The End of an Era

That’s not an overstatement when it comes to the retirement of Debbie Ingram after an impressive career at UTC.

That’s not an overstatement when it comes to the retirement of Debbie Ingram after a career as a physical therapist, a teacher, establishing a new degree program and leading the effort that produced the first doctorate ever awarded by the University of Tennessee at Chattanooga.

Ingram will retire in May. For all that she’s accomplished, her entry into the field was almost coincidental. “I was 13 years old when I first had the opportunity to see a physical therapist, and it was while watching a soap opera,” Ingram says. “My grandmother watched every soap that was on TV and one of the characters was a physical therapist helping somebody with walking. My grandmother had rheumatoid arthritis and had such significant joint pain and loss of motion, she looked at me and said, ‘I think that’s a good career choice for you.’

“Believe it or not, that’s how my interest in physical therapy began.”

In high school, Ingram was involved in a teenage program for the March of Dimes. Terry Denniston, now chief of staff for the UTC chancellor and whose early career included social work, was the club’s advisor and set up Ingram’s visit to observe Bradley Memorial Hospital physical therapists at work. Ingram was hooked. After bachelor’s and master’s degrees from Georgia State University, she joined Erlanger Medical Center.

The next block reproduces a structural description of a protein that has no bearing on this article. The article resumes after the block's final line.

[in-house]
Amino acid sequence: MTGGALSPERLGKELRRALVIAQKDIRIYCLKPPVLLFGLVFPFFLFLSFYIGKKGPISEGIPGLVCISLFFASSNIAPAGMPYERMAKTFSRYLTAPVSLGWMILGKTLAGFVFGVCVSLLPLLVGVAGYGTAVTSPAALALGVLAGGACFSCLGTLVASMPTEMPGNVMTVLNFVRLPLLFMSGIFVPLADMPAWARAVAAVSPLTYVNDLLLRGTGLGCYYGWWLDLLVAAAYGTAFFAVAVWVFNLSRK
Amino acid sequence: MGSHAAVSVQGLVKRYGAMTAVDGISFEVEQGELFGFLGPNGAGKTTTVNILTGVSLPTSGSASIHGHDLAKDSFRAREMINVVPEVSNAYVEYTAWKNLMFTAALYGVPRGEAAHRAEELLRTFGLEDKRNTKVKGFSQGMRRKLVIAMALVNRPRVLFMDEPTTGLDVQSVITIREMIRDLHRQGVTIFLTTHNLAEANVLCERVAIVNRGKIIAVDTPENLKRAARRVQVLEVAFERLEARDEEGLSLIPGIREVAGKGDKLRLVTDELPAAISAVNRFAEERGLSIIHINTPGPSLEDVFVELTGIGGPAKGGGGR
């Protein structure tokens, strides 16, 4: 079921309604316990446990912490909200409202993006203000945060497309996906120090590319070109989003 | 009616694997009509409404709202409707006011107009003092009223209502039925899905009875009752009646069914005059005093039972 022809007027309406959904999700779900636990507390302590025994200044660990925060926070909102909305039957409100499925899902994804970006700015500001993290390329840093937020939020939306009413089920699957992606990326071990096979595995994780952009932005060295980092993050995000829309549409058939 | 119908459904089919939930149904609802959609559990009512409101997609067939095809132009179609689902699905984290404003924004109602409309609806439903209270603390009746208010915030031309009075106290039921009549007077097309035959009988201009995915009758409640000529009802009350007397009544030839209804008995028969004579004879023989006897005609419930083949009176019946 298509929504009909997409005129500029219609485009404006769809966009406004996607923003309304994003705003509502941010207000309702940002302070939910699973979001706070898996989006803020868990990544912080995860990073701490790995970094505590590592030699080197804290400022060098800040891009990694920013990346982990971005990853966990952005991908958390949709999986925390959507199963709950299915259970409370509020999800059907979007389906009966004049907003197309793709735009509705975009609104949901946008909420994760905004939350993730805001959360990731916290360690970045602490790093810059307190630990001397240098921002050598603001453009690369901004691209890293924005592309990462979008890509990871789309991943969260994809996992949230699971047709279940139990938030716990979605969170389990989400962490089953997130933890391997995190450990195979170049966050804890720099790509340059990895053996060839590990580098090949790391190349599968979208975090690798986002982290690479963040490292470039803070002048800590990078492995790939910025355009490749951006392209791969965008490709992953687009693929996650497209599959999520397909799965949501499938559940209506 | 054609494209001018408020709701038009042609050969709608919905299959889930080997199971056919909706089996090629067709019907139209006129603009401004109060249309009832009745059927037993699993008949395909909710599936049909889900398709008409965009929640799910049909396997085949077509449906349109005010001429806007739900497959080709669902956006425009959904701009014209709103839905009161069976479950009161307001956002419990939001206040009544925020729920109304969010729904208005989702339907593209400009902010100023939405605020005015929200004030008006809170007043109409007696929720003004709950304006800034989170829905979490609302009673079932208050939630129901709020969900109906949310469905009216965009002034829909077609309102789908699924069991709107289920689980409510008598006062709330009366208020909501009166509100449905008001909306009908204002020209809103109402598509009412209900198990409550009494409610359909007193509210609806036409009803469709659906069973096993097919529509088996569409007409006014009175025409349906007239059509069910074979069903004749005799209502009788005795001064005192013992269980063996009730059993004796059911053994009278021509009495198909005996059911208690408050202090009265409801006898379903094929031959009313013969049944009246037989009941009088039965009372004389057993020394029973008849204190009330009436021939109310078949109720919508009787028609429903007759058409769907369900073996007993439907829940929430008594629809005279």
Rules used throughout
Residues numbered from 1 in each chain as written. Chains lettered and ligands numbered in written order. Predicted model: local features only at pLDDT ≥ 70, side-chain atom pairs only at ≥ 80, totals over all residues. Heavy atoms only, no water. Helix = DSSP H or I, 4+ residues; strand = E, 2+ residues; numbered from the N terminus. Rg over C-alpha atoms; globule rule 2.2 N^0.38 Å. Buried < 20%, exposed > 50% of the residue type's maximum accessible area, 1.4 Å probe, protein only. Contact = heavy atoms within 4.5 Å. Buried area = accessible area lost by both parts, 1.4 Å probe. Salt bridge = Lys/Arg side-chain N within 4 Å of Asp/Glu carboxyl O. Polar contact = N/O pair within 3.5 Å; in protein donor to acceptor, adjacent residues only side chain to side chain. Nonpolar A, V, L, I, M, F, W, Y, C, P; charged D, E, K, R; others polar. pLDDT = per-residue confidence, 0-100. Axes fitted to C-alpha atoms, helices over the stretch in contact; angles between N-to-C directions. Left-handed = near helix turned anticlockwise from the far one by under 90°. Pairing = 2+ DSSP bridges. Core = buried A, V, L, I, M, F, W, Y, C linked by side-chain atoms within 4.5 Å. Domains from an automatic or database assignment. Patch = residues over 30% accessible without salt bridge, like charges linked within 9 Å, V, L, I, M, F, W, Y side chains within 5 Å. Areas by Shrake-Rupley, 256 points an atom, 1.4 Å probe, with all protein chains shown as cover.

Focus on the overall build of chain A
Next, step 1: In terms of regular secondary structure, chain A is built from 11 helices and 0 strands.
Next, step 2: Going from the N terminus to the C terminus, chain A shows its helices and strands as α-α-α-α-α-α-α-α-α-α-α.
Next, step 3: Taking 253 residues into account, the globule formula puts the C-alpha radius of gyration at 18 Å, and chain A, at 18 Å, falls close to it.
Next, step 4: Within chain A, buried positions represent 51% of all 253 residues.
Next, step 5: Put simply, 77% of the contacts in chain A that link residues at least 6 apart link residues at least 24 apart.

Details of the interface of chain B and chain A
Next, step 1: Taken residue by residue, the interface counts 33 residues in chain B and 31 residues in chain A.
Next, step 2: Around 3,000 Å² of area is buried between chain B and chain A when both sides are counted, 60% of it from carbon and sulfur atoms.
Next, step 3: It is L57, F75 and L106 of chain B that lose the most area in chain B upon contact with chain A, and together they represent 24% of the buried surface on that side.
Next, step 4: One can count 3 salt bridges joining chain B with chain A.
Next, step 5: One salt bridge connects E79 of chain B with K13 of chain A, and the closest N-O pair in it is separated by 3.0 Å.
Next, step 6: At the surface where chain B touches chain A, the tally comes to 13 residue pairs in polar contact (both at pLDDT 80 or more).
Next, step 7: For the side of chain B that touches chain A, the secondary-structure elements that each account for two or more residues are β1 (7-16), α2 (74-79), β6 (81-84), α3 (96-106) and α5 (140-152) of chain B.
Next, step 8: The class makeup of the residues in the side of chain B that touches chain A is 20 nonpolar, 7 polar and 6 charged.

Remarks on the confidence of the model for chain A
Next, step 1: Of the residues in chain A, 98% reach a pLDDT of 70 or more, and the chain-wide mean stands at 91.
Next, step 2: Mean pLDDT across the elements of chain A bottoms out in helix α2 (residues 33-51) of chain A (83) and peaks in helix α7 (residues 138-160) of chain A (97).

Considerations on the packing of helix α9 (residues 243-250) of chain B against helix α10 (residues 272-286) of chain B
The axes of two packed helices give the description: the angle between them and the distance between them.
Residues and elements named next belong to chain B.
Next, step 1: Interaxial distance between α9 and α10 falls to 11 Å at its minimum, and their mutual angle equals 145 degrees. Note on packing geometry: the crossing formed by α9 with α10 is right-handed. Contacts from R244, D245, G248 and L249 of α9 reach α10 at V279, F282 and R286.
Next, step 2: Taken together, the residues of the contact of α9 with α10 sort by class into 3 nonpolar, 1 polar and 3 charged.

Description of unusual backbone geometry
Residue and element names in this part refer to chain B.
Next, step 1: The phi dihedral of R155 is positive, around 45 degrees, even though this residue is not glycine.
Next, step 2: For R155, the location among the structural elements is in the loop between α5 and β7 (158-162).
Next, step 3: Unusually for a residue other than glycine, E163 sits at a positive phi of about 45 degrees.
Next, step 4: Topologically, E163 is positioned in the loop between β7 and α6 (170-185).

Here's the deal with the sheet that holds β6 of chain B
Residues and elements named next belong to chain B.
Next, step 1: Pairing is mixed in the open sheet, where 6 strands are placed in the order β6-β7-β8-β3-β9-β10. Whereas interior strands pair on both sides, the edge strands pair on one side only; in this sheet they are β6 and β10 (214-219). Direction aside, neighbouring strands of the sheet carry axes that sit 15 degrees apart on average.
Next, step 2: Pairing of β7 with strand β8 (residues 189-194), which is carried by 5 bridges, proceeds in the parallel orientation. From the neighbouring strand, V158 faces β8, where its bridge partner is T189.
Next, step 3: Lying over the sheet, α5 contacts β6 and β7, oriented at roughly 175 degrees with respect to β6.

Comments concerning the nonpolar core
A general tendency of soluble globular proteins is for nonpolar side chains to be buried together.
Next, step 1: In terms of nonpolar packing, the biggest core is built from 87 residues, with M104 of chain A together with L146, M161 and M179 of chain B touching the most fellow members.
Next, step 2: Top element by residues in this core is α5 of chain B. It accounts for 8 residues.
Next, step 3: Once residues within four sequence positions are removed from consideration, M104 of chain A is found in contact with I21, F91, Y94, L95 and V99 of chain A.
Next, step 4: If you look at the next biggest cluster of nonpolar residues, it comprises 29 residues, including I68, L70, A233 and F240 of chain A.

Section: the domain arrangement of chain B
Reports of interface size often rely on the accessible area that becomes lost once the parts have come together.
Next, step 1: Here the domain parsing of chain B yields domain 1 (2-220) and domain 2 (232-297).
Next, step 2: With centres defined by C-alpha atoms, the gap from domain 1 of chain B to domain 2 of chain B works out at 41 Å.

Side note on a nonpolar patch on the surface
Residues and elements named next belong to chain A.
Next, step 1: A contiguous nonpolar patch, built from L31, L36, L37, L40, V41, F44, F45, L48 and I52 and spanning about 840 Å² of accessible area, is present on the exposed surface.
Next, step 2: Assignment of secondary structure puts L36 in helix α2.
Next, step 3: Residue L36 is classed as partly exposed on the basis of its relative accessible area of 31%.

When asked to help establish a physical therapy program at UTC, she initially declined. She and her husband had just adopted their daughter, Alexandra, and Ingram planned to be a stay-at-home mom. “But I realized that was not me,” she says.

Next thing she knew, she was teaching college students, pursuing a doctorate at UT Knoxville and serving as a member of the state’s physical therapist licensing board. Then suddenly, her 3-year-old daughter began losing her hearing. That inspired Ingram’s doctoral research on implementation of the 1990 Americans with Disabilities Act. “All those things happening all at once—how I stayed sane, I don’t know,” Ingram says.

After years of service to the national UT Alumni Association, Ingram was elected its 2007-2008 president. “I traveled throughout the country advocating for higher education and what our alumni mean to their institutions,” Ingram says. She is the first and only UTAA president who was a member of faculty.

Achieving a career with a lasting legacy makes her fortunate, Ingram says, “I would wish for everyone what I feel, which is to be able to look back and say, ‘I sure am glad I did that.’

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